Generation of Vaccines Preventing the Common Cold


A new class of vaccines targeting the viruses causing the common cold, rhinoviruses (RV).

Key Benefits

  • Capsid-chimeric strains for developing new RV vaccines.
  • Preclinical data with a prototype show the ability to induce a robust capsid-specific immune response.
  • Straightforward and inexpensive vaccine manufacturing process utilizing reverse-genetics technology.

Market Summary

Rhinoviruses (RV) are the most common cause of the common cold, accounting for up to 80% of all cases. Adults have an average of two to three colds per year, and even more frequent in children. Although the common cold is generally not severe, it can be debilitating and significantly impact productivity and quality of life. In addition, rhinoviruses can cause severe respiratory illness in those with compromised immune systems, such as those with asthma, chronic obstructive pulmonary disease (COPD), and the elderly. Currently, there are no specific antiviral treatments for rhinovirus infections, and standard care only provides symptomatic relief with over-the-counter medications. Vaccines against rhinovirus have been under development for decades, but none have been FDA-approved.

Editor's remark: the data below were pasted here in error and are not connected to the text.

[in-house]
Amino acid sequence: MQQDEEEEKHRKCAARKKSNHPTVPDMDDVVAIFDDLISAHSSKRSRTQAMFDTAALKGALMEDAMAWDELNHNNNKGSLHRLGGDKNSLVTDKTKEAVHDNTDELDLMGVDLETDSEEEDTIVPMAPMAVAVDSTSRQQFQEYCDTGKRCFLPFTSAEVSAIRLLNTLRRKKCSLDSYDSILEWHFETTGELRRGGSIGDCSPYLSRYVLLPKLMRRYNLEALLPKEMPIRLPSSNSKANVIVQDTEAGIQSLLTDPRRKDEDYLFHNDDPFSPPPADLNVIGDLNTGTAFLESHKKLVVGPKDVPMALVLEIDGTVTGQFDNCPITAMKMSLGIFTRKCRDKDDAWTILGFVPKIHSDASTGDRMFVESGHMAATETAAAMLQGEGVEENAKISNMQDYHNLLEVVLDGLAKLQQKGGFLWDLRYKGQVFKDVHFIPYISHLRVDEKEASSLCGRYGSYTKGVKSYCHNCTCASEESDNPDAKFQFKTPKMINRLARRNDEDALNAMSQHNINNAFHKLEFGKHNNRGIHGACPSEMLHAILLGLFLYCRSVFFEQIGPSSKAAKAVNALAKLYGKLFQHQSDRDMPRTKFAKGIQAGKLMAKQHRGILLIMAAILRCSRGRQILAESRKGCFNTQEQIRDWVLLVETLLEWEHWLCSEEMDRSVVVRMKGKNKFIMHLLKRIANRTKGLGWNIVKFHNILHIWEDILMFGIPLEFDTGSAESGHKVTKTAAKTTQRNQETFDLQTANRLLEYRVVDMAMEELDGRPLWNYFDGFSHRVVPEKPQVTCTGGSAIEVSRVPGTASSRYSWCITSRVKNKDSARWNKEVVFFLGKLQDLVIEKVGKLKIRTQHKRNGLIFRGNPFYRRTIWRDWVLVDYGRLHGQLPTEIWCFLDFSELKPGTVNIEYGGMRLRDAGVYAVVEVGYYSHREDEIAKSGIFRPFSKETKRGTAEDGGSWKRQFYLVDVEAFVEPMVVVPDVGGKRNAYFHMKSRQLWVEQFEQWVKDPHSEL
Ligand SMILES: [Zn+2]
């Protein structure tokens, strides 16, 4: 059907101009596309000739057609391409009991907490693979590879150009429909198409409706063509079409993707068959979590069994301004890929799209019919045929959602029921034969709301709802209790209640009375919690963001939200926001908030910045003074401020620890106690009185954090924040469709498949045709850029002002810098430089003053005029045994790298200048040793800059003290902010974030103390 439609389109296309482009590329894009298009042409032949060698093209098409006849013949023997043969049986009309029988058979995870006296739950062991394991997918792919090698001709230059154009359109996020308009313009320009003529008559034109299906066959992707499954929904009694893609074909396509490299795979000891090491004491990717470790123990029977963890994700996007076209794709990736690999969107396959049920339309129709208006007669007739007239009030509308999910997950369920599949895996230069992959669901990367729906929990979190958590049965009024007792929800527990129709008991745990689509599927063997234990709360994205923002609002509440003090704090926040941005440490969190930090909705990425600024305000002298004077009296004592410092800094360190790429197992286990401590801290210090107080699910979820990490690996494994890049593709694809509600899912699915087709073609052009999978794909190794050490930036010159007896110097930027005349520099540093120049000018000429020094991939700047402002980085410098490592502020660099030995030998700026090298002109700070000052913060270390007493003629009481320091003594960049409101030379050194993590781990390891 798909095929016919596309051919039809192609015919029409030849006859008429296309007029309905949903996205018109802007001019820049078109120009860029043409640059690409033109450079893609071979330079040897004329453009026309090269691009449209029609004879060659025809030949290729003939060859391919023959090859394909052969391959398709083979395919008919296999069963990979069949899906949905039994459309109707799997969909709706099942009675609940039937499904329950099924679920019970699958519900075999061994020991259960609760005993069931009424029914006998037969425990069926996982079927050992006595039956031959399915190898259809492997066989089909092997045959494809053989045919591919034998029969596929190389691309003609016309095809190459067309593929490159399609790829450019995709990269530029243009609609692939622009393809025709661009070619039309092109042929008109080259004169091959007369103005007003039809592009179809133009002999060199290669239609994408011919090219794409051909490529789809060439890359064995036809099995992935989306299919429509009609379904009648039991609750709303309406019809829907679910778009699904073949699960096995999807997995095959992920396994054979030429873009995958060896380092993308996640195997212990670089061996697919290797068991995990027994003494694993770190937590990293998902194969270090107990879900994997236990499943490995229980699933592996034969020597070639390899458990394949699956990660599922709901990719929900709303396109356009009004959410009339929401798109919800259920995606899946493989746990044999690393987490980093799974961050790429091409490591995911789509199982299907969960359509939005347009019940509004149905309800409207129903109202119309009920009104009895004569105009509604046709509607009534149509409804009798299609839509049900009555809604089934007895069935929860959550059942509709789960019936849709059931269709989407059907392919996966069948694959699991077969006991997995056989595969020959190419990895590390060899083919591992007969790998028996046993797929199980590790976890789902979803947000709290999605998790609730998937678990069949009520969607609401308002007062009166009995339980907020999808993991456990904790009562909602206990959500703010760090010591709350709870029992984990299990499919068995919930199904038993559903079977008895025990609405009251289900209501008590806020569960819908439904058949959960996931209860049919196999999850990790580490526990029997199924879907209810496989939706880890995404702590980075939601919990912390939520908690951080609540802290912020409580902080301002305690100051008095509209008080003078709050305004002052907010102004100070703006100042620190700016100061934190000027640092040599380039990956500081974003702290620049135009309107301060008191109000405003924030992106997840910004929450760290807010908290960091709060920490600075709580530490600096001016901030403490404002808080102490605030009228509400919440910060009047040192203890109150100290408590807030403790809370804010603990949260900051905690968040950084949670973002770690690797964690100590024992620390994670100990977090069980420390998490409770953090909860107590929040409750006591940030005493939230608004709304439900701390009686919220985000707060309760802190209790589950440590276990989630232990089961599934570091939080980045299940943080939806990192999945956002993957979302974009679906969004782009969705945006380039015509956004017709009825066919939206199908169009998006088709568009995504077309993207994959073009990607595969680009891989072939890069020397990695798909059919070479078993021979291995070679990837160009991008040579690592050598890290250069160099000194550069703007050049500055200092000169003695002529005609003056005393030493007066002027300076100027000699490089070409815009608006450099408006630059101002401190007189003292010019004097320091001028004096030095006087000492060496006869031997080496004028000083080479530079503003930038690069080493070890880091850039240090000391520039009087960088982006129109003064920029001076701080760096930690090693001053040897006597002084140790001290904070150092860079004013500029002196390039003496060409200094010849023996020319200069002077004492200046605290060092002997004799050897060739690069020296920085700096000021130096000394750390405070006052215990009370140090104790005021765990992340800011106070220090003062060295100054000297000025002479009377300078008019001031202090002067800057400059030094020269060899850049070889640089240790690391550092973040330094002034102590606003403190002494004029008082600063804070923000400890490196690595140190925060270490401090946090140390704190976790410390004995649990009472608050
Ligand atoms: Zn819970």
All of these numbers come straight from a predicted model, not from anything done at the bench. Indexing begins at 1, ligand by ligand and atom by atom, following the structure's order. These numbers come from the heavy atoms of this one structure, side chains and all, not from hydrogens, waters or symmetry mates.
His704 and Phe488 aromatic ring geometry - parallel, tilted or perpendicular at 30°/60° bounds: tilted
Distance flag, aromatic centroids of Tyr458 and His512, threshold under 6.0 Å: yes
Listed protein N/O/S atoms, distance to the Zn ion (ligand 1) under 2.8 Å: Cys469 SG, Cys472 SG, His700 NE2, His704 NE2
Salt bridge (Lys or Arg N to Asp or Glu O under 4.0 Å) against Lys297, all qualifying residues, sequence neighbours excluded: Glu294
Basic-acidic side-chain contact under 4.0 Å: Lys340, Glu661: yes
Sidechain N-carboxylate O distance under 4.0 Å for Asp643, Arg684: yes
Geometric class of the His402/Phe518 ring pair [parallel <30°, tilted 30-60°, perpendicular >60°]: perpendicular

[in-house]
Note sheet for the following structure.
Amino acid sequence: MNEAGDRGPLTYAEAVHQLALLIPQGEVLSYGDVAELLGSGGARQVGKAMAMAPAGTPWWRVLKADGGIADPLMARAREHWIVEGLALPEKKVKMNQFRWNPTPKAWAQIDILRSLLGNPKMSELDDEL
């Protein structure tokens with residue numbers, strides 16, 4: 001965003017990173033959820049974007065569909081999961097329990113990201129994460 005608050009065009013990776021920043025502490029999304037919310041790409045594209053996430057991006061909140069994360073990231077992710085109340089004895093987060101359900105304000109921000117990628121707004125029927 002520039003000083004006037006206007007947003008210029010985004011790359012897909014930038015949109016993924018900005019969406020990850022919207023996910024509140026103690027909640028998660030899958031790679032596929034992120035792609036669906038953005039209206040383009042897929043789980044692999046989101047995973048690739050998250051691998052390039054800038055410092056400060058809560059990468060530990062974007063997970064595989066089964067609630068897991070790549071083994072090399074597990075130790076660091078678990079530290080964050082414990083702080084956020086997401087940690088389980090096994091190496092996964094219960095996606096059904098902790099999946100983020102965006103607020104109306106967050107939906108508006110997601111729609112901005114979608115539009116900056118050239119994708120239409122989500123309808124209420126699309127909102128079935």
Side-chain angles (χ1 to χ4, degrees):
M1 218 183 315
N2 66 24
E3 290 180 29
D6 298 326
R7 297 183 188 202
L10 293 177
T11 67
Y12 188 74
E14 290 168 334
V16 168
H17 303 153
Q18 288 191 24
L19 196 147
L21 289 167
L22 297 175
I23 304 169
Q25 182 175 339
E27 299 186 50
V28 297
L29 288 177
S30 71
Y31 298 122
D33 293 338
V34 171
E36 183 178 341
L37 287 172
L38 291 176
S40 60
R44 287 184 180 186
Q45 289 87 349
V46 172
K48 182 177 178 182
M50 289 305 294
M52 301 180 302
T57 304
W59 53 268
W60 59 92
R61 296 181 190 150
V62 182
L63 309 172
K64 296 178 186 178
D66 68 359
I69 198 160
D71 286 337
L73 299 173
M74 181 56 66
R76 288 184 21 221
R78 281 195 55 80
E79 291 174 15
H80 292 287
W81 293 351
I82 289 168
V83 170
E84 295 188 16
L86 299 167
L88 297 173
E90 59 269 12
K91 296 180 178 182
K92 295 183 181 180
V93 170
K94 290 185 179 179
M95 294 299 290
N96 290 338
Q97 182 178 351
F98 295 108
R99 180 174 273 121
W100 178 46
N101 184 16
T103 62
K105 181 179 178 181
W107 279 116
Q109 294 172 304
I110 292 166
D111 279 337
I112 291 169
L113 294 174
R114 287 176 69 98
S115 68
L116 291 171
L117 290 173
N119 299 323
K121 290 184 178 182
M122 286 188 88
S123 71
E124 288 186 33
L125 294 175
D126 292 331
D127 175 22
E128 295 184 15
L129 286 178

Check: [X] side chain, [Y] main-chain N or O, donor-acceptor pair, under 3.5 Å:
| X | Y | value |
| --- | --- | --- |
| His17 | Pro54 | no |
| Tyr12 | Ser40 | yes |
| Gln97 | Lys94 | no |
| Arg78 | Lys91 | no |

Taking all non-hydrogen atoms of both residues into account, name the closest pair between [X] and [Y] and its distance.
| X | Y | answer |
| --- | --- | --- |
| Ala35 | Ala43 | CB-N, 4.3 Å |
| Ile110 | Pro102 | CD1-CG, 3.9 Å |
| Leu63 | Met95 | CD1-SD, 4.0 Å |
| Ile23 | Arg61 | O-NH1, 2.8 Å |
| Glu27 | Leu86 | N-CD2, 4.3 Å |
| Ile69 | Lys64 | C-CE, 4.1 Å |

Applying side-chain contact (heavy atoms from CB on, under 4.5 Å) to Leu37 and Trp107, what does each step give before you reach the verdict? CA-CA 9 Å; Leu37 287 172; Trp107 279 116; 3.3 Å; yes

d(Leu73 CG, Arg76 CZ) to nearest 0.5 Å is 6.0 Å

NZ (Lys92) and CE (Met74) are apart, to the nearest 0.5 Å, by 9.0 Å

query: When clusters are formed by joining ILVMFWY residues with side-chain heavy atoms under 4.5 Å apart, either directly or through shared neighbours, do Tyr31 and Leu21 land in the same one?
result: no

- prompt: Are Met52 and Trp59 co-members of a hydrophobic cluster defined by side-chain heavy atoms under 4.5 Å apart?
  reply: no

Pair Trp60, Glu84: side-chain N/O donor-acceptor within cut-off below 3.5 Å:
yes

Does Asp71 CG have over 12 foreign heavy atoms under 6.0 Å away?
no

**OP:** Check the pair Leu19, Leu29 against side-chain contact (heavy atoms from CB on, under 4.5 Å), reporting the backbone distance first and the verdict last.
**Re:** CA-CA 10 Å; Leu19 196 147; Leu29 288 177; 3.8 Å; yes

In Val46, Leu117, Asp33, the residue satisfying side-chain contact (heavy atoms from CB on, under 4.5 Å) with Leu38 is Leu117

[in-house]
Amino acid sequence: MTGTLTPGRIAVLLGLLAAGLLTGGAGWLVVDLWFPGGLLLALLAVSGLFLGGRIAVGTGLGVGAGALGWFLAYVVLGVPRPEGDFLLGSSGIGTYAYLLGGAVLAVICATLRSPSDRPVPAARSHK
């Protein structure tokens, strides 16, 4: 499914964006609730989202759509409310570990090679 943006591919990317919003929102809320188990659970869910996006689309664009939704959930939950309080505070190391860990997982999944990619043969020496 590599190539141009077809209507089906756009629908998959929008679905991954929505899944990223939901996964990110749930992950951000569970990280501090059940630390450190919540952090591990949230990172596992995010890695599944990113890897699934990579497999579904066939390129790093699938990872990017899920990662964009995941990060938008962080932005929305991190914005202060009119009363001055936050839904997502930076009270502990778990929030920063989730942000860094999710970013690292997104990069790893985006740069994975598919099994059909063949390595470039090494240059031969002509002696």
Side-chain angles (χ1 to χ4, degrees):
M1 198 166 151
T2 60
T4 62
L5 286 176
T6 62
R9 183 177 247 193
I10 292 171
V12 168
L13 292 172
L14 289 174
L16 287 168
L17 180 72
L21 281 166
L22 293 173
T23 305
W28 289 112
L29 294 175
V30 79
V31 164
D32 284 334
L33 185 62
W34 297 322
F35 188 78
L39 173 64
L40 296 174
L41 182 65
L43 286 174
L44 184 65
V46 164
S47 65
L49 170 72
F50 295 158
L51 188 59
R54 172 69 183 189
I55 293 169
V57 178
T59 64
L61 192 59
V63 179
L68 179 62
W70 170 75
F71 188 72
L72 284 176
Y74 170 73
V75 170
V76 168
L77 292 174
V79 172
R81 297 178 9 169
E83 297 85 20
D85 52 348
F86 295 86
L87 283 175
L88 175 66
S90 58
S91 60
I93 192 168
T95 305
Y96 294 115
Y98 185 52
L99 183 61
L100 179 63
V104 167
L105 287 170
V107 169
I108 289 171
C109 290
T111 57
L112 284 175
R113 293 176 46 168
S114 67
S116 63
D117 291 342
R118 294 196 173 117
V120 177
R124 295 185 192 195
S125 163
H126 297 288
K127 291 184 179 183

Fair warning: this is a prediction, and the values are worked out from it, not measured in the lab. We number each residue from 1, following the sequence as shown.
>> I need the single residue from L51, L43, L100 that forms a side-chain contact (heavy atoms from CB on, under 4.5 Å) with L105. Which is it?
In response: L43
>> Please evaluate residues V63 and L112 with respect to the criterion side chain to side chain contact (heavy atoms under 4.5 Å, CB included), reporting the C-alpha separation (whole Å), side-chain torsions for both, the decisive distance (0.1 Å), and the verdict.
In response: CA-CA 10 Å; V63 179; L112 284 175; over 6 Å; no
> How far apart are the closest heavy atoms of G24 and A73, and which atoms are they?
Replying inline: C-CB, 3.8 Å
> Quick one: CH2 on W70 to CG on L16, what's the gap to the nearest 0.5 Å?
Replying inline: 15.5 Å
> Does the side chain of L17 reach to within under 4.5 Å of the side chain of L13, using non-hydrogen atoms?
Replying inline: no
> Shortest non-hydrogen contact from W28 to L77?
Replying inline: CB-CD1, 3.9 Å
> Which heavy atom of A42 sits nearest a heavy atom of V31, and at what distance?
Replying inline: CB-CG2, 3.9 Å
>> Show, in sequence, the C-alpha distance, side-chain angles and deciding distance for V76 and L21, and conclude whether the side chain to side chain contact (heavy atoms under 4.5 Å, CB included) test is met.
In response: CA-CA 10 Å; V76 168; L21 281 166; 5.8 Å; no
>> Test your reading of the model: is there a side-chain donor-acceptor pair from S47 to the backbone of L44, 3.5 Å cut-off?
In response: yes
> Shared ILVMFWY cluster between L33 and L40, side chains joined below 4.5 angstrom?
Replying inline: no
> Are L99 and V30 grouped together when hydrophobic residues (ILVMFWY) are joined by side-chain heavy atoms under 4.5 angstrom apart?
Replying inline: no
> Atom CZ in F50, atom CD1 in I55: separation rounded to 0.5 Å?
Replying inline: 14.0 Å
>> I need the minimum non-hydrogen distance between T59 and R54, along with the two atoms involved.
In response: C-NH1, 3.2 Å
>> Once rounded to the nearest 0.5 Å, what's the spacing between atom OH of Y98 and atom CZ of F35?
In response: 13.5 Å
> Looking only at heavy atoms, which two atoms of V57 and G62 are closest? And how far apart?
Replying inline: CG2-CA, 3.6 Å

Technical Summary

Emory researchers are developing a novel method for generating capsid-chimeric recombinant rhinovirus strains for generating new vaccine platform. These strains are genetically modified to enclose genetic material that enhances the production of neutralizing antibodies. The inventors developed three capsid-chimeric recombinant RV strains using a single backbone that contains non-structural proteins. Then they observed the induction of capsid-specific neutralizing antibody via immunization with each chimeric recombinant RV strain.

Patent Information

Tech ID: 22191
Published: 10/11/2023